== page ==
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Old 11-04-2013, 12:43 PM   #1
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Default Counter flow,plate or both?

Well over the past year of brewing i have nailed down my process pretty well and can time everything pretty much to the exact last minute.The one issue that still is a PITA is cooling my wort down to pitching temps in a timely fashion.Currently i have a 20' pre chiller and 25' IC,sometimes i can get down to 65 degrees in 30 min and sometimes its an hour process.

Over the winter i will be building a single tier RIMS system and while i am building i may as well upgrade.Question is what is the most practical upgrade in every ones opinion?pairing a CF and PC or just using one option?Not trying to start a war here guys just want some good advice based on what is cost efficient and time efficient.

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Old 11-04-2013, 12:57 PM   #2
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A plate chiller is a type of counterflow chiller. To do both wouldn't be much different than getting a PC with more plates or a CFC with more length. I would just get the largest plate chiller you can afford and run the wort trough it slowly. I like my PC because it's small enough to mount to the single tier frame out of the way and it works easily. Cleaning isn't as bad as I had thought it would be either. It's all up to your preference though.

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Old 11-04-2013, 01:02 PM   #3
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I would recommend using just one of the options; either one should cool the wort to ground water temperatures in the amount of time it takes to run the wort through it, about 1 gallon per minute for a 40-plate PC like the Therminator when combined with a pump system, or about 10 minutes gravity fed. The main concern is the water temperature; if your tap water is above 70F, you might want to repurpose your existing IC as a pre-chiller, feeding the water through a bucket of ice water before pumping it into the actual chiller.

I recently purchased a Therminator, and I love it, though it took a bit of tweaking to get the hose connections right. The one thing about it that you might want to consider is cost: in addition to the $200 price tag for the unit itself, you can expect to pay another $200 for a high-temperature food grade pump, and $100-150 in hoses and connections (the quick-connects for the Therminator are around $20 each, and you'll need at least four of them). Worth the price if you can afford it, but it's a lot to lay out up front. Other PCs would cost maybe $50-100 less, but the pump and hoses would cost about the same.

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Old 11-04-2013, 01:06 PM   #4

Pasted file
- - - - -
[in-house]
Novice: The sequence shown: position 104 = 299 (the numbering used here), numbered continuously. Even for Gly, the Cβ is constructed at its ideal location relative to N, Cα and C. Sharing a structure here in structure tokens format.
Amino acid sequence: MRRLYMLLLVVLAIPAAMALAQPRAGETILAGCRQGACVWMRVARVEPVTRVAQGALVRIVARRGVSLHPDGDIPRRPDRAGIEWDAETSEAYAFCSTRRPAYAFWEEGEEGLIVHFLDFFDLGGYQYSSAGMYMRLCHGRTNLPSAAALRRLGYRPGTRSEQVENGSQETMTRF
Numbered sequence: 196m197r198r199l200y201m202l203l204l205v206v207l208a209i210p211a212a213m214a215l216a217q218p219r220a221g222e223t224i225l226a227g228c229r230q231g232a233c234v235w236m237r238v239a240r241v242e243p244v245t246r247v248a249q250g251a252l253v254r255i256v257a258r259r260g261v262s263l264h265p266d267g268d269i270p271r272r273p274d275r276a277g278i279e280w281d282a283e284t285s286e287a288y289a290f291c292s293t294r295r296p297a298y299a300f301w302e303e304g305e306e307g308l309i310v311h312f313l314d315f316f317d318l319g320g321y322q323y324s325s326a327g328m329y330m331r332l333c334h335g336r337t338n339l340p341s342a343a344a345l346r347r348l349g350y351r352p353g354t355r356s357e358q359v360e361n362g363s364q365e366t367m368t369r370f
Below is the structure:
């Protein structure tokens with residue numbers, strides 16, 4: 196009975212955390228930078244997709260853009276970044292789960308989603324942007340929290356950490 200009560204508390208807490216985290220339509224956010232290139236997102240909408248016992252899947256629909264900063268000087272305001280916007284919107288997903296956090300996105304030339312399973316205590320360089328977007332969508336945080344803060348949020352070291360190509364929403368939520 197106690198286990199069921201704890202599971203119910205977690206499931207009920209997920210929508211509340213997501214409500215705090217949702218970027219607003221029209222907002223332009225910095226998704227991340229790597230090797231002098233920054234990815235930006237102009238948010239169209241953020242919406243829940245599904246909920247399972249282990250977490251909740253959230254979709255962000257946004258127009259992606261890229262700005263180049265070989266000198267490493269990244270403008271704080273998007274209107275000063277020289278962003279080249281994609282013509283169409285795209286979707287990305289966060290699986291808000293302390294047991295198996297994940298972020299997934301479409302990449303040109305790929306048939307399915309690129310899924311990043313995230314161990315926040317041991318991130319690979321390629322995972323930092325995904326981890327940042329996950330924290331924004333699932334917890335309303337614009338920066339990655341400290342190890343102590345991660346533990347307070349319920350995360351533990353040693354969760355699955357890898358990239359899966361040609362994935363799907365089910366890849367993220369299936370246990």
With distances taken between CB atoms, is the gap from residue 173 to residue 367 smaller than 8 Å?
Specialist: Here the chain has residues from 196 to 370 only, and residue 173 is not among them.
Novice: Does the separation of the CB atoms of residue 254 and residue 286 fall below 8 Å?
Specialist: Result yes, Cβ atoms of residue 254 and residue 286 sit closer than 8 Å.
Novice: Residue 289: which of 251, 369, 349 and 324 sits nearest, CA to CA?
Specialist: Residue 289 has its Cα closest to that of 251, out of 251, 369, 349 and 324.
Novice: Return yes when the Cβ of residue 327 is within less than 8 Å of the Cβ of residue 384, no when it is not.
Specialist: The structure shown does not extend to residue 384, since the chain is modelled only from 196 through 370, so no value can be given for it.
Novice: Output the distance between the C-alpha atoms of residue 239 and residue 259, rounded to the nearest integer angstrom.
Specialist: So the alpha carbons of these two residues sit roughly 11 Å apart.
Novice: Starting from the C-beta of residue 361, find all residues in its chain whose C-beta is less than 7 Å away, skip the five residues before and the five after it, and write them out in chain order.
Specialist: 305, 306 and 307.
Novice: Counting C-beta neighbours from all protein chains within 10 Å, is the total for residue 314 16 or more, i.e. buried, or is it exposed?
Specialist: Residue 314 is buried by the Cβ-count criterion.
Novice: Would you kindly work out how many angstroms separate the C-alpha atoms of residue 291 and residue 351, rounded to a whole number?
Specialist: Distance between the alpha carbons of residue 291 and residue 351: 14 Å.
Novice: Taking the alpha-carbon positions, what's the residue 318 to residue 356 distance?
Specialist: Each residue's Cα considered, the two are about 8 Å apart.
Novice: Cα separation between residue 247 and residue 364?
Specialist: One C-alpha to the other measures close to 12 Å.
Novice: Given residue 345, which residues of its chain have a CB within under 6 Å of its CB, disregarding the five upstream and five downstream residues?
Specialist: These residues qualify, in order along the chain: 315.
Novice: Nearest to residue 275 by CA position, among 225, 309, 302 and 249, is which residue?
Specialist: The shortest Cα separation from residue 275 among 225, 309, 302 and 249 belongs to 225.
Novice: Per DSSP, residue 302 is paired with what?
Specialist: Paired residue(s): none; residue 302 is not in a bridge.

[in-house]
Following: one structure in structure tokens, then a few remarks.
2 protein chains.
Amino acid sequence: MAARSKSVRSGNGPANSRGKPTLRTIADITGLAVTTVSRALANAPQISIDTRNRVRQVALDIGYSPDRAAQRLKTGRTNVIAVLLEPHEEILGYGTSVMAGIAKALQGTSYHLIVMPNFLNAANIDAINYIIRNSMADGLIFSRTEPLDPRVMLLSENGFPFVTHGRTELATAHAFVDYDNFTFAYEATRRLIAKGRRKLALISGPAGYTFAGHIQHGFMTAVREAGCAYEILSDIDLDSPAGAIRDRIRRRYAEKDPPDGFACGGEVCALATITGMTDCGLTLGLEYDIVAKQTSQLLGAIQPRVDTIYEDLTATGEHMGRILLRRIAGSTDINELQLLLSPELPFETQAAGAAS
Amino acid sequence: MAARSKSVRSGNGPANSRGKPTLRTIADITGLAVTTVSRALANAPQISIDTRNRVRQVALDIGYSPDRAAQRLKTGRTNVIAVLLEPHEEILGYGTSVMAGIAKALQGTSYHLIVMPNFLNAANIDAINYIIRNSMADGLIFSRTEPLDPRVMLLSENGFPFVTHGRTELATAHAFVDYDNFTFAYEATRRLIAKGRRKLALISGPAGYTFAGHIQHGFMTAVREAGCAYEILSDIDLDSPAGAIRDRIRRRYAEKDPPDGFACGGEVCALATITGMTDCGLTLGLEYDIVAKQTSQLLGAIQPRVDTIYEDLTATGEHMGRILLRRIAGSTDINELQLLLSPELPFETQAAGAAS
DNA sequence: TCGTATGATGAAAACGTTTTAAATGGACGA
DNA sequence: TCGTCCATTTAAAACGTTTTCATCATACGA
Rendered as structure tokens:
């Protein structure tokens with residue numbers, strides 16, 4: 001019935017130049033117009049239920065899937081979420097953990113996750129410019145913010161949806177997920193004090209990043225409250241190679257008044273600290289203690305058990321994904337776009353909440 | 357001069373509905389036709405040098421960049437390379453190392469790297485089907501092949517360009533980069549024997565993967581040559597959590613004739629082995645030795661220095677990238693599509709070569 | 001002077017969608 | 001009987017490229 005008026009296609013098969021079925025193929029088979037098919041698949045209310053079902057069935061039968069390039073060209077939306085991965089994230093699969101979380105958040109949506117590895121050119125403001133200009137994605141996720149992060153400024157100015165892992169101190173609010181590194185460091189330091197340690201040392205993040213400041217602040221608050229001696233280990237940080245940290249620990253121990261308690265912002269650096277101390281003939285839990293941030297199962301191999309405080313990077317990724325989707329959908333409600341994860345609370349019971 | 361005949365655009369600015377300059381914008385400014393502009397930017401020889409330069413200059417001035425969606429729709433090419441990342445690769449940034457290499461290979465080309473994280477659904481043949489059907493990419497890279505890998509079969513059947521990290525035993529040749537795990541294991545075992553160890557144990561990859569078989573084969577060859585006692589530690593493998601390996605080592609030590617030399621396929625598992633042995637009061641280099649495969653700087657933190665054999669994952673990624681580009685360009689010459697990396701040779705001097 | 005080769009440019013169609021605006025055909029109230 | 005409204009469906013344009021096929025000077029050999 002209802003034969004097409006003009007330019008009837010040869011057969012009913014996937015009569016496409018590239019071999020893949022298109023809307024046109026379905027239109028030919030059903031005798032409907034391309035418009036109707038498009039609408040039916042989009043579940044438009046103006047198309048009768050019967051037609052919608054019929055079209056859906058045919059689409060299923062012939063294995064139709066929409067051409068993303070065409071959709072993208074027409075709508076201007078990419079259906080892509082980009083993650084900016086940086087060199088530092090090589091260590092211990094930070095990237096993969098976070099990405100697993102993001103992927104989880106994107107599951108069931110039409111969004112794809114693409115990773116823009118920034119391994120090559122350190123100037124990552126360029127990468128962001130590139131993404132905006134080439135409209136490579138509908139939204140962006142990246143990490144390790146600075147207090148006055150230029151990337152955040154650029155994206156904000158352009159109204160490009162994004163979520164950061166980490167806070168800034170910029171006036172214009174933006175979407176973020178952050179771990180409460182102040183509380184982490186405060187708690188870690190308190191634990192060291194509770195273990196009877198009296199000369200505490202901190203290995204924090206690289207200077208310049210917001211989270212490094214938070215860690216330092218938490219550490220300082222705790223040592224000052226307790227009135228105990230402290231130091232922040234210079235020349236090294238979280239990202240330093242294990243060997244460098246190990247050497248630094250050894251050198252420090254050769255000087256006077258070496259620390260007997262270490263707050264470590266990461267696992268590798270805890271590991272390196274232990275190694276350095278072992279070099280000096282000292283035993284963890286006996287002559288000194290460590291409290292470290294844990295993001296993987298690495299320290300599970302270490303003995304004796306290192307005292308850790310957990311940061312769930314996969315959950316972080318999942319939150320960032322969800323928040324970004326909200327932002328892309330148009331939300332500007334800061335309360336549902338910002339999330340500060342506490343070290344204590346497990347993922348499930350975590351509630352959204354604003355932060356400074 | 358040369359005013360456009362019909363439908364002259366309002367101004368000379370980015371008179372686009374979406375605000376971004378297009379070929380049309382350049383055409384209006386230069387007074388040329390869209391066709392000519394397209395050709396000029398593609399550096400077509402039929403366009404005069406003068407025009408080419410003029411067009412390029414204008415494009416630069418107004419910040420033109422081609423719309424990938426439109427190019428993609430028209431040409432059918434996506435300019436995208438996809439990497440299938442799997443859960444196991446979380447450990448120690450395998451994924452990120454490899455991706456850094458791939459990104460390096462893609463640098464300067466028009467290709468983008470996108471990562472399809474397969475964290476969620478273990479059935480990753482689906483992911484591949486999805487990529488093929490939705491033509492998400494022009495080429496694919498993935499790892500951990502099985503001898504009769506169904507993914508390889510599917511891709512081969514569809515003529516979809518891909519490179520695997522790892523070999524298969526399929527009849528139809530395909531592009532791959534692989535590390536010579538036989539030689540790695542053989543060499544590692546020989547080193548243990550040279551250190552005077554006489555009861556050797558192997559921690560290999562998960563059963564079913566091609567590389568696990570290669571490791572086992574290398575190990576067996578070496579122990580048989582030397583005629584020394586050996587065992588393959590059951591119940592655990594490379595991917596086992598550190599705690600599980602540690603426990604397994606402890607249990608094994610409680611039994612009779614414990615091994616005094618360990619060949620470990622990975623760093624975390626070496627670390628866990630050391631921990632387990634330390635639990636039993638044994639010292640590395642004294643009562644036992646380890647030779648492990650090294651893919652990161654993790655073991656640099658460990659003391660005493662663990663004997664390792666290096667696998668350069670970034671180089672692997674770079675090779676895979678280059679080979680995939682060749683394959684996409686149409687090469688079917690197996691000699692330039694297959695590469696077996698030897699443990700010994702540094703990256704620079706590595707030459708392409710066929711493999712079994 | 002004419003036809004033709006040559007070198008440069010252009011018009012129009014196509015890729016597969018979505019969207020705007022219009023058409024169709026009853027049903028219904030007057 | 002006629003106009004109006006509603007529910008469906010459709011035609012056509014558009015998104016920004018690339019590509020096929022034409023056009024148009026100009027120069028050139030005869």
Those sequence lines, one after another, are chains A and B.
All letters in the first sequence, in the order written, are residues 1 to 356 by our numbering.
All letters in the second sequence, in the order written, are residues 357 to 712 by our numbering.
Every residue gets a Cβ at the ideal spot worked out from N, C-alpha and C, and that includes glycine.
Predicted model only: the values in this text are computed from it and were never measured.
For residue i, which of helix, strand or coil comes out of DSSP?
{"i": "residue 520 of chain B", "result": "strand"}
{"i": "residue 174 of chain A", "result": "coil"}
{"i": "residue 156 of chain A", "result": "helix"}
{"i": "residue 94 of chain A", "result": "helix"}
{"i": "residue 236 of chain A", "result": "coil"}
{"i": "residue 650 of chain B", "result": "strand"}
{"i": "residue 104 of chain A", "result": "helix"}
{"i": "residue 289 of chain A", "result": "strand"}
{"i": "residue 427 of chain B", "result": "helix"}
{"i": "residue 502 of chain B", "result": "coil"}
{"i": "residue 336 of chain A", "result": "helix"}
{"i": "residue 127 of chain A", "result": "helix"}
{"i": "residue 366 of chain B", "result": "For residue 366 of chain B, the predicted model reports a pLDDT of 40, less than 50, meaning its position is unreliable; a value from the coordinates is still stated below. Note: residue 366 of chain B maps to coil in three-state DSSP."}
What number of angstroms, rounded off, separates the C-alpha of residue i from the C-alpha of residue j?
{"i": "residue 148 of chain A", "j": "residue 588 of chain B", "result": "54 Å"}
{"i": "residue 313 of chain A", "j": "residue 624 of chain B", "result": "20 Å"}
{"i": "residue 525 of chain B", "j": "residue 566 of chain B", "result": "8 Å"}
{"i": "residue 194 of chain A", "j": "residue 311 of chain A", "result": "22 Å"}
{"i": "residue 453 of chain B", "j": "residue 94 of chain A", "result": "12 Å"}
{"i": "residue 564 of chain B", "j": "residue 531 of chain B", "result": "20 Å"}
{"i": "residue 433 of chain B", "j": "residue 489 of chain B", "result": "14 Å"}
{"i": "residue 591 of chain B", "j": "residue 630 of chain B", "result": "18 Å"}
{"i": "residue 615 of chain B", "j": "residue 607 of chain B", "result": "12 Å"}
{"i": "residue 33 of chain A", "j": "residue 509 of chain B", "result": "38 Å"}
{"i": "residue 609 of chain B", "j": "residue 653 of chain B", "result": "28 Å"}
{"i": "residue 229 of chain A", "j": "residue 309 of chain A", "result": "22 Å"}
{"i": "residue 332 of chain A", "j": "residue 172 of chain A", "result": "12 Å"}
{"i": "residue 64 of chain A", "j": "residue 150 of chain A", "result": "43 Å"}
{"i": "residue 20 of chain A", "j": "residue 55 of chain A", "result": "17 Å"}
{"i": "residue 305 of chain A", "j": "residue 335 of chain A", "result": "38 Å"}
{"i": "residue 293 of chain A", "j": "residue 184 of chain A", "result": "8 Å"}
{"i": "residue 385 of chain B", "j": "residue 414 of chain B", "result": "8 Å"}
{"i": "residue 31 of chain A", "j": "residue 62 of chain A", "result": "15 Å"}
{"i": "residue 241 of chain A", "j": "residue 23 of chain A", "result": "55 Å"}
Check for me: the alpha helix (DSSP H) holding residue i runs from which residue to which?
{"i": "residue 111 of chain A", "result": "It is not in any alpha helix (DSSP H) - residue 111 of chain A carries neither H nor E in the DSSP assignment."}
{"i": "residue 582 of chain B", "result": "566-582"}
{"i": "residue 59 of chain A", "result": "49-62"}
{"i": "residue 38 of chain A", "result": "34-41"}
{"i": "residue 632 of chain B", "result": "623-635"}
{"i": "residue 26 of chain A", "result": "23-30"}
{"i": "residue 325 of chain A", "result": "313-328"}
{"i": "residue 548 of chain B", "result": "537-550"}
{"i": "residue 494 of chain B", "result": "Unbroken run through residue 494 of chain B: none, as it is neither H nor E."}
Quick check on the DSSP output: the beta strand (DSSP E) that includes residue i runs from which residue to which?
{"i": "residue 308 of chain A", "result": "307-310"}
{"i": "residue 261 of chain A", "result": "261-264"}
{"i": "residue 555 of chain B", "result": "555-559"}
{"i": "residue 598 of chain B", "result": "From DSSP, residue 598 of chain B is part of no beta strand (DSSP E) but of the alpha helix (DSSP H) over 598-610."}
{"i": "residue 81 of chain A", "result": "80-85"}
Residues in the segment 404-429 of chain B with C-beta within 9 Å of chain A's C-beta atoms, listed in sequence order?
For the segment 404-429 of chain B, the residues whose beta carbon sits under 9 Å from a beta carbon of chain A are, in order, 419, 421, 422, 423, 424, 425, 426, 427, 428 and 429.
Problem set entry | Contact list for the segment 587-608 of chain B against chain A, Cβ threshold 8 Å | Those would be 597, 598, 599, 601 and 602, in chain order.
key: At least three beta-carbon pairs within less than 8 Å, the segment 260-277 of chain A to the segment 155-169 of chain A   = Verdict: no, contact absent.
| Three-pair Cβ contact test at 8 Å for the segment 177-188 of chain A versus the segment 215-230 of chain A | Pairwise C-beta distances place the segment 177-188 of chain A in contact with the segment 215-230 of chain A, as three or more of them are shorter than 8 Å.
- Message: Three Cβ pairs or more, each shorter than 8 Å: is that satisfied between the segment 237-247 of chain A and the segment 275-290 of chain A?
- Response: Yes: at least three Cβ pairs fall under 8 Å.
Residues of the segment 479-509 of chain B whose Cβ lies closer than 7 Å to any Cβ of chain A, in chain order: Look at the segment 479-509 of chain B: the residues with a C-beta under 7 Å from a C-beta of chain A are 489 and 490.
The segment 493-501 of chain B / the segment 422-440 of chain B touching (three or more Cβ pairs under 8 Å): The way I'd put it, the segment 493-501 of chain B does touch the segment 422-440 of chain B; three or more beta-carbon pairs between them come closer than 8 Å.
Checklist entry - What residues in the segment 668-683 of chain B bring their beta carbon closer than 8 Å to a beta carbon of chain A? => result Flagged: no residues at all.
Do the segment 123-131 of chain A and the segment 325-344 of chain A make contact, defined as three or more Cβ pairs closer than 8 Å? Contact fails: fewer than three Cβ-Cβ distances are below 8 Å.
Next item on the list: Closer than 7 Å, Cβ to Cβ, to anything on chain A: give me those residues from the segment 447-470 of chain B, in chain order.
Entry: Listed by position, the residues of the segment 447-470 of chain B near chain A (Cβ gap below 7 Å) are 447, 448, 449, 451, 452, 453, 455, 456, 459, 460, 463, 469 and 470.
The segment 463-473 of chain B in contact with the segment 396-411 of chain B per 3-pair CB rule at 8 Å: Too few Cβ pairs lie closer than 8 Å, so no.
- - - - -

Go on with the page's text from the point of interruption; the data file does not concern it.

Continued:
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Quote:
Originally Posted by DanH View Post
A plate chiller is a type of counterflow chiller. To do both wouldn't be much different than getting a PC with more plates or a CFC with more length. I would just get the largest plate chiller you can afford and run the wort trough it slowly. I like my PC because it's small enough to mount to the single tier frame out of the way and it works easily. Cleaning isn't as bad as I had thought it would be either. It's all up to your preference though.
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Keep in mind that the temperature of the cooling water source is the determining factor as to how quickly and how low your chilled temp will be. In the winter the ground water is much colder so things will go faster and lower but in the summer you will need to restrict the flow in and not get as low due to the higher temp.

For example, I use a CFC gravity system, in the summer when ground water is around 70 it takes me about 30 minutes to drain 6 gallons to 70 degrees but in the winter it takes me 10 minutes to drain 6 gallons to 57 degrees.

The only way to equalize things in the summer is to use a pre-chiller for the water source which would involve another vessel packed with ice water. You can then use an IC chiller in the ice and run the wort through that first and then to the plate chiller. It all depends on how much you want to set up and deal with.
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Old 11-04-2013, 04:43 PM   #5
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Hmmm..I will have two pumps on my rig so even though i will have it set up as a rims i could maybe set up my HLT with a recirculation coil attached to a lid.Then if i decide to switch things up later i could plumb it in to the HLT as opposed to the lid.

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